By: Jake Mann
It's that time of the year again folks. Not once but twice we've discussed the cash management decisions of Apple (AAPL)'s secret turned not-so-secret hedge fund, Braeburn Capital, here on Seeking Alpha.
Now, the reason we say that Braeburn is not-so-secret is because since it was originally detailed in a fine Zero Hedge piece last October, the term "Apple's secret hedge fund" has been thrown around more times than Gene Munster can falsely predict the launch date of an Apple TV.
In all seriousness, though, Apple's latest conference call shed some light on one of the most important fiscal indicators at Cupertino: total cash. According to Peter Oppenheimer, who usually discusses the details of Apple's finances instead of Tim Cook, the tech giant ended its fiscal third quarter with $146.6 billion in "cash." As always (and why we have "cash" in quotations), this figure includes a good deal of short-term and long-term marketable securities, which are managed by Braeburn.
Let's take a look under the hood of Apple's cash breakdown in its most recent 10-Q.
How much "cash" does Apple have now?
On an aggregate basis, Apple's total cash hoard has increased by 26.6% in three quarters since the end of its 2012 fiscal year. At the end of FY2012, Apple had just over $120 billion in cash, cash equivalents and marketable securities, and with its latest $146.6 billion figure, that puts Apple more or less on track to hit Andy Zaky's $300 billion target by the end of FY2015.
Thinking of this trajectory another way, here's what two scenarios would look like over the next nine quarters:
As you can see, the current growth scenario on the left is assuming Apple's cash hoard would maintain the present growth rate it has experienced over the past three quarters: an average of 8.8%. The low-growth scenario on the right assumes that Apple's growth rate falls by half over its next nine fiscal quarters, which would still allow it to surpass the $215 billion mark by the end of FY2015.
The point of the chart isn't to make any wild projections, though. Put simply, it's important to understand that even on the low side, Apple is all but guaranteed to have at least $200 billion in cash, cash equivalents and marketable securities by the end of its 2015 fiscal year.
Now, Apple is planning on the size of its capital return program to hit $100 billion by the conclusion of September 2015, which "translates to an average of about $30 billion per year," according to Oppenheimer. Taking this into consideration, still, we expect the low-growth scenario presented above to remain very much in play.
How much of its cash hoard does it keep overseas?
One very important fact that Peter Oppenheimer mentioned in the Q3 conference call was that $106 billion of Apple's total cash hoard was kept offshore at the end of its June quarter, which equates to just over 72% of its entire pile of dough.
This mark is nearly on par with Apple's average over the last few quarters; in fact, Apple is holding a slightly higher percentage of its cash hoard offshore now than it has in a while.
At the end of its 2012 fiscal year, Apple held approximately 68% of its cash hoard offshore, and by the end of Q2 FY2013, this figure had risen above 70%.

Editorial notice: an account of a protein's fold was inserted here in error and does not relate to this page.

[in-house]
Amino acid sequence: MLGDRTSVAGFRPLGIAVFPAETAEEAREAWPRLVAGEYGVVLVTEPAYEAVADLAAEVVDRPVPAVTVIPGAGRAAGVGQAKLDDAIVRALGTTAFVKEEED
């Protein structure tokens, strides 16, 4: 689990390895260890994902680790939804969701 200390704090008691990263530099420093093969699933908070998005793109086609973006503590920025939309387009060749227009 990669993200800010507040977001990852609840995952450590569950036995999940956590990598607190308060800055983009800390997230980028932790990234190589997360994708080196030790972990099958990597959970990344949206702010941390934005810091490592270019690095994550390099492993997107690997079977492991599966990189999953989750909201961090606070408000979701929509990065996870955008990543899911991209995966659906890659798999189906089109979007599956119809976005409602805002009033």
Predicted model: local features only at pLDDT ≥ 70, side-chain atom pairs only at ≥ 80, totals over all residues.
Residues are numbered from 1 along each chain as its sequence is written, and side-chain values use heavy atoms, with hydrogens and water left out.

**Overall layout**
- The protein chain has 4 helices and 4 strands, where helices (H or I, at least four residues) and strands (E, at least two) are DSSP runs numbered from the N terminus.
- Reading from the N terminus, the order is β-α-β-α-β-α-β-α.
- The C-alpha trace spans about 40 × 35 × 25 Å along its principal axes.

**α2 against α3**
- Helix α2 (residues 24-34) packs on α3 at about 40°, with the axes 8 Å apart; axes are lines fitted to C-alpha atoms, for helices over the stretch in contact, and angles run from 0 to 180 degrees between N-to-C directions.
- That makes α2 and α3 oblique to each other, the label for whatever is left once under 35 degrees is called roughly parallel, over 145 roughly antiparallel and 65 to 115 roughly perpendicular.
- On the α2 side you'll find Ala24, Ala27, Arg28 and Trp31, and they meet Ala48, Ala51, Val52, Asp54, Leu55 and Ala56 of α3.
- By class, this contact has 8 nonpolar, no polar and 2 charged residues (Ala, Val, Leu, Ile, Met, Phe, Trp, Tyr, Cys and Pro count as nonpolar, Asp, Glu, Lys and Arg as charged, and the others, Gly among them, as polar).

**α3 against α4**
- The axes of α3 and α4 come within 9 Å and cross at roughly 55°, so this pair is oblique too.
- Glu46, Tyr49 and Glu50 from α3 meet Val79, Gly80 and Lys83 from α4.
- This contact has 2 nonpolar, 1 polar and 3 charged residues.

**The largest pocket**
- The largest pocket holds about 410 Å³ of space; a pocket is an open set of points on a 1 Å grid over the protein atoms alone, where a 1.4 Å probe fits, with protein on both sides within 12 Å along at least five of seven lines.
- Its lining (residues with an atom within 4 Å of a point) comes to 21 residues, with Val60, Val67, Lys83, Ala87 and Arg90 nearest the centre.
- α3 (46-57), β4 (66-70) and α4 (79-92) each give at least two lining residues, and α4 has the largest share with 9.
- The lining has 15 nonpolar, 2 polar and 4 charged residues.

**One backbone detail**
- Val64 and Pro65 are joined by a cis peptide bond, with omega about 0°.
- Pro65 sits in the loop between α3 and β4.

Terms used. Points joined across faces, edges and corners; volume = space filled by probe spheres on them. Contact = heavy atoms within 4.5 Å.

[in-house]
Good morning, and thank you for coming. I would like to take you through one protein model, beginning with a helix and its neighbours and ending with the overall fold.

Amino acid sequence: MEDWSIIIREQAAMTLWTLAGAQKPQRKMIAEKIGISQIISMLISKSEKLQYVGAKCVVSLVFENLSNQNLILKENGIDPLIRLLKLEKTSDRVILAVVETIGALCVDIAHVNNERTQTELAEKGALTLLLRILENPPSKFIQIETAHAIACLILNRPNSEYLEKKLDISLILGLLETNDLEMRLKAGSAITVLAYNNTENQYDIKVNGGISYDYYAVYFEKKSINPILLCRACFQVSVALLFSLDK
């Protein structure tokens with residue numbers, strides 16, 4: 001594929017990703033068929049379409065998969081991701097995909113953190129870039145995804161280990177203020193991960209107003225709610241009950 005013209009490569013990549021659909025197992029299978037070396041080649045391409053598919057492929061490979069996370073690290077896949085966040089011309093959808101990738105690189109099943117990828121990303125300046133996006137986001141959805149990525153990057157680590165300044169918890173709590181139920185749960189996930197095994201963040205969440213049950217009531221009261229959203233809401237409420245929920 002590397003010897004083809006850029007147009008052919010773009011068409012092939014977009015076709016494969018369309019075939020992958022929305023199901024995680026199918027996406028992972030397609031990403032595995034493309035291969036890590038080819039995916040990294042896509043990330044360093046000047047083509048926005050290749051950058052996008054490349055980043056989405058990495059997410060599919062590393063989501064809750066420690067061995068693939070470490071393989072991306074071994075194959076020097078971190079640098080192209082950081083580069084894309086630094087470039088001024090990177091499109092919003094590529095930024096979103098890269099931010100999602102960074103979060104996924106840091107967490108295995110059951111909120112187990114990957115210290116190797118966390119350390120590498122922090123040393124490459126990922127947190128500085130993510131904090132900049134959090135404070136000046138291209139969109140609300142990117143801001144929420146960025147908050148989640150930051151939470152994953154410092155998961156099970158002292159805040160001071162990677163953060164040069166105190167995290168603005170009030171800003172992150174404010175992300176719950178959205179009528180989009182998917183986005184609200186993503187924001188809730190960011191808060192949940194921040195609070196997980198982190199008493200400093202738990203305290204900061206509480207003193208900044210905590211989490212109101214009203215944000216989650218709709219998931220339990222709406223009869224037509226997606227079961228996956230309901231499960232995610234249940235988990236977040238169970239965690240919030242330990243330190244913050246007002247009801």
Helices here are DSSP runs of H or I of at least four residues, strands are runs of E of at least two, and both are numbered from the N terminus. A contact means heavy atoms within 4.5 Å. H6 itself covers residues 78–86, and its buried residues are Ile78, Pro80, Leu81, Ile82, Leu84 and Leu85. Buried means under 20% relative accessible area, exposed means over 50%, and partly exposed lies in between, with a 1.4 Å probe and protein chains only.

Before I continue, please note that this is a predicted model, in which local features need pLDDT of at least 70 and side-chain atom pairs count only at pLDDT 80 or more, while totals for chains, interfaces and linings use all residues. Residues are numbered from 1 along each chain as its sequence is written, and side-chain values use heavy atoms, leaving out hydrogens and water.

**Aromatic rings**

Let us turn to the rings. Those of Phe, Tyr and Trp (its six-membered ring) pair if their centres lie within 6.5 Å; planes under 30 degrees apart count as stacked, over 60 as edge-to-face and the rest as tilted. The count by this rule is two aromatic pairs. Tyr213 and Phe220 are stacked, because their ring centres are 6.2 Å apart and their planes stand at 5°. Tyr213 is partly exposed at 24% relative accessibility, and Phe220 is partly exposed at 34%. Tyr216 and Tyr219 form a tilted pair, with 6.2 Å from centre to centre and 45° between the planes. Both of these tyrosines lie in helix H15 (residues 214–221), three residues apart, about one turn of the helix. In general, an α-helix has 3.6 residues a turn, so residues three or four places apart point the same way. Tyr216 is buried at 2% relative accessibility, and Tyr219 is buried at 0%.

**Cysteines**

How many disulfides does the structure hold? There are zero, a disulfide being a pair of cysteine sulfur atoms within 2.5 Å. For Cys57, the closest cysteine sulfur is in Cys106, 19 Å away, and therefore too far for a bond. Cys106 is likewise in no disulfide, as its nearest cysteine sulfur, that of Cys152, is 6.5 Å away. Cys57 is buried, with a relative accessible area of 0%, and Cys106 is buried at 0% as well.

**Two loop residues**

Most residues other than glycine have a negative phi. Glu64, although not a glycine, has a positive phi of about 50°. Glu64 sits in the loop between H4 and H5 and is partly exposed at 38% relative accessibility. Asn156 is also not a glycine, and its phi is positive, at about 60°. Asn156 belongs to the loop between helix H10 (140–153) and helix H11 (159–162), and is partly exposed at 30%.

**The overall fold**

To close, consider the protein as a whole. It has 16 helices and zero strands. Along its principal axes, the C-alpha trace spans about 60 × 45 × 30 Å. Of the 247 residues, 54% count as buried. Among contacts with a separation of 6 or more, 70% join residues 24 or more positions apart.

It's difficult to draw any overarching conclusions from this trend, other than to say that as Apple's total cash hoard continues to balloon, it is moving a greater portion of these assets out of the U.S.'s tax domain.
How is Apple investing its cash hoard?
Now to the good stuff; see, we'd also like to take a look at how Apple and Braeburn are managing the company's $146.6 billion.
According to the 10-Q, Apple preferred U.S. Treasuries and commercial paper to U.S. agency securities (issued by Fannie or Freddie), and it kept its investments in corporate securities, municipal securities, and asset-backed securities nearly constant from the previous quarter.
Growth from previous quarter
Money market funds
U.S. Agency securities
MBS and other ABS
Another way to think about this chart is by noting that in terms of aggregate growth, Apple's entire cash hoard grew by 1.3% on a quarter-over-quarter basis. With this fact in mind, one can simply compare this figure with other asset-specific growth rates to determine if the company was over-investing in one asset class versus another.
The asset classes that Apple and Braeburn were over-investing in are as follows: cash, U.S. Treasuries, commercial paper, and asset-backed securities.
Likewise, the assets that Apple and Braeburn were under-investing in are money market funds, mutual funds, U.S. agency securities, non-U.S. securities, time deposits, corporate securities, and municipal securities.
Obviously, with over 70% of this cash hoard locked up overseas, it's difficult to know what these asset allocation moves actually mean for Apple's future, per say, but it's still important to track.
If you're interested in the quantity of Apple shares that mega-fund managers like David Einhorn or Jorge Paulo Lemann hold in their equity portfolios, be sure to check out Apple's free profile page in Insider Monkey's hedge fund database.
Furthermore, if you're wondering why we'd even mention these money managers, it wouldn't be a bad idea to learn why you should dump your hedge fund altogether.